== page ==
Playing acoustically isn’t new to Bonamassa (in 2013 he played a string of unplugged dates that yielded the album and DVD, An Acoustic Evening At The Vienna Opera House), but the recent Carnegie Hall booking was a case of the chicken coming before the egg. “We had the gigs lined up, so then it became a matter of ‘What are we going to do?’’’ he says with a laugh. “It just seemed like the natural thing to play acoustic – if you’ve ever been on that stage, you know the sound can be kind of rugged for electric instruments. Plus, it just seemed as if the time was right to do another round of acoustic dates. So we decided to go for it, and that’s when [producer] Kevin Shirley started putting together a killer band.”

Shadowy character: never leave home without your guitar.

Shadowy character: never leave home without your guitar. (Image credit: Laurence Harvey)

Over the last decade and with each release, Bonamassa’s reputation as one of the finest electric blues-rock guitarists of his generation has grown exponentially. Fans expecting fretboard fireworks when he straps on his Les Paul for the upcoming Blues Of Desperation tour might notice a little extra fuel in the tank – a fringe benefit of digging into heavy-gauge acoustic strings.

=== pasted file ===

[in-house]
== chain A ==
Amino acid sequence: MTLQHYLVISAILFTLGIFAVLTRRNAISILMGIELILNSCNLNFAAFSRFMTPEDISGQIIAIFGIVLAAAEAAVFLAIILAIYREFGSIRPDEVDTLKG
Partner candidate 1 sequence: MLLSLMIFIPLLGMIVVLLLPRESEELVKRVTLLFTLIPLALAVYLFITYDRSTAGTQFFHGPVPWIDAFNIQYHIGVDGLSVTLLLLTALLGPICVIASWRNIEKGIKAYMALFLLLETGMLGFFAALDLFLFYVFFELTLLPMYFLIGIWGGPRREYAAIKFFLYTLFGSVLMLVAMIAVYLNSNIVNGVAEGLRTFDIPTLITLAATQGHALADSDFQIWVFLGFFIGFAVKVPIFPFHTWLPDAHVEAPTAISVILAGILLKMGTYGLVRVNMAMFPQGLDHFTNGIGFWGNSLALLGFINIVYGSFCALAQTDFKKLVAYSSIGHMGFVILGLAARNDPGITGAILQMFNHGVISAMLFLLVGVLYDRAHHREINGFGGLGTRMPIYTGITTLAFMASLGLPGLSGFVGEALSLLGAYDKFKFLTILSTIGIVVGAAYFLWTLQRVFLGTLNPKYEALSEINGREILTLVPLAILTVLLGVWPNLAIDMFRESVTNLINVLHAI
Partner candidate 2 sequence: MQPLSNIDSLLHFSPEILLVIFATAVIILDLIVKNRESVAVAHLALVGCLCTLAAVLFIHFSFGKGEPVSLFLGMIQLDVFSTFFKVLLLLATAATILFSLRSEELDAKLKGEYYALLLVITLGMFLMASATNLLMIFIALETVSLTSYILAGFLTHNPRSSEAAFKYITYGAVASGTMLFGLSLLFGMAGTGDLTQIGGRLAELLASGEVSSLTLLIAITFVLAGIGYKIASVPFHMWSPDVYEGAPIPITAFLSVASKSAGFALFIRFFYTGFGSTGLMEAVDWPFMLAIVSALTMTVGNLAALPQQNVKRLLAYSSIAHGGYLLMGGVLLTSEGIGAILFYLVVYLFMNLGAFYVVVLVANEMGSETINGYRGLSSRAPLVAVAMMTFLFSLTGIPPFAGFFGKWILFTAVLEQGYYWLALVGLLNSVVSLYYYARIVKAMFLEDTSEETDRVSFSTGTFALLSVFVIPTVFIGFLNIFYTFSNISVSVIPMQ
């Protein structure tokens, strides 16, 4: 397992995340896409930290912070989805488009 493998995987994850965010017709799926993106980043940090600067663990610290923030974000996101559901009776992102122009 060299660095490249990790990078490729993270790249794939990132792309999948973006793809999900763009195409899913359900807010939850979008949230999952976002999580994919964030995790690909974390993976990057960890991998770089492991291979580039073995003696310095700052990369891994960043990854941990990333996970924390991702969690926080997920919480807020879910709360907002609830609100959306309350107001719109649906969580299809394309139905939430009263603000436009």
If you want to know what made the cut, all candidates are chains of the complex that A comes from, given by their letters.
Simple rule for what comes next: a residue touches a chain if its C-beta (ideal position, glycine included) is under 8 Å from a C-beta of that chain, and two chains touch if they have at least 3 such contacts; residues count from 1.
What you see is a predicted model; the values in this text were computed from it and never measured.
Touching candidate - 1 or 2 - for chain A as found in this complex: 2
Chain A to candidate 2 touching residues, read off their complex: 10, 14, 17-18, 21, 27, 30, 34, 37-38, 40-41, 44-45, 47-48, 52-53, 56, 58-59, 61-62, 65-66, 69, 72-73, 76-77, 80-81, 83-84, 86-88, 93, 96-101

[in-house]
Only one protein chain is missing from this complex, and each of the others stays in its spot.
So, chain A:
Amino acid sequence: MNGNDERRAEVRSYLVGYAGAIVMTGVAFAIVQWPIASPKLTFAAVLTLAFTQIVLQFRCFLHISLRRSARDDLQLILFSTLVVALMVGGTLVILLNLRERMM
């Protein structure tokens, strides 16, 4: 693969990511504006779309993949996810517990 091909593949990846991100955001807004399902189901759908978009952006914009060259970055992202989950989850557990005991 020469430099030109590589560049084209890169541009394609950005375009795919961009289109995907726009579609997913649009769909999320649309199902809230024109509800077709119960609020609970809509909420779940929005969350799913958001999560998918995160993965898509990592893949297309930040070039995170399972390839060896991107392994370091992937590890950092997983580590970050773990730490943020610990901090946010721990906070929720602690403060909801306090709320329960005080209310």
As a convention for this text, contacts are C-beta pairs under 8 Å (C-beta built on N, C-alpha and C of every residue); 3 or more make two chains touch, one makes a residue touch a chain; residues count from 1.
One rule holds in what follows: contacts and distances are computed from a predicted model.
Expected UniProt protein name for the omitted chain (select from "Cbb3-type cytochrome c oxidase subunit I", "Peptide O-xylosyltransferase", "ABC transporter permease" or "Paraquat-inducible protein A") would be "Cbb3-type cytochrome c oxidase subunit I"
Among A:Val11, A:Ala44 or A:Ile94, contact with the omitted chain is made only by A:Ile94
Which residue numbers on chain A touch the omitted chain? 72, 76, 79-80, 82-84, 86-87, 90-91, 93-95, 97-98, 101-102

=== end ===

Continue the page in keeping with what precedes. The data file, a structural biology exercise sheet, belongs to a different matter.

“When I got home from the acoustic shows, the first thing I did was break out the Les Paul, and I’ll tell you what, the difference is remarkable,” he says giddily. “On the acoustic, it’s like swinging the heavy bat for a month, and then you get on the 11-gauge strings, and you’re ripping. My chops on the electric guitar have never been so good as the day I got home. The hand strength required to play acoustic is night and day different from the electric guitar. I don’t know how the bluegrass guys do it. I wouldn’t want to do it on a consistent basis. It’s hard work.”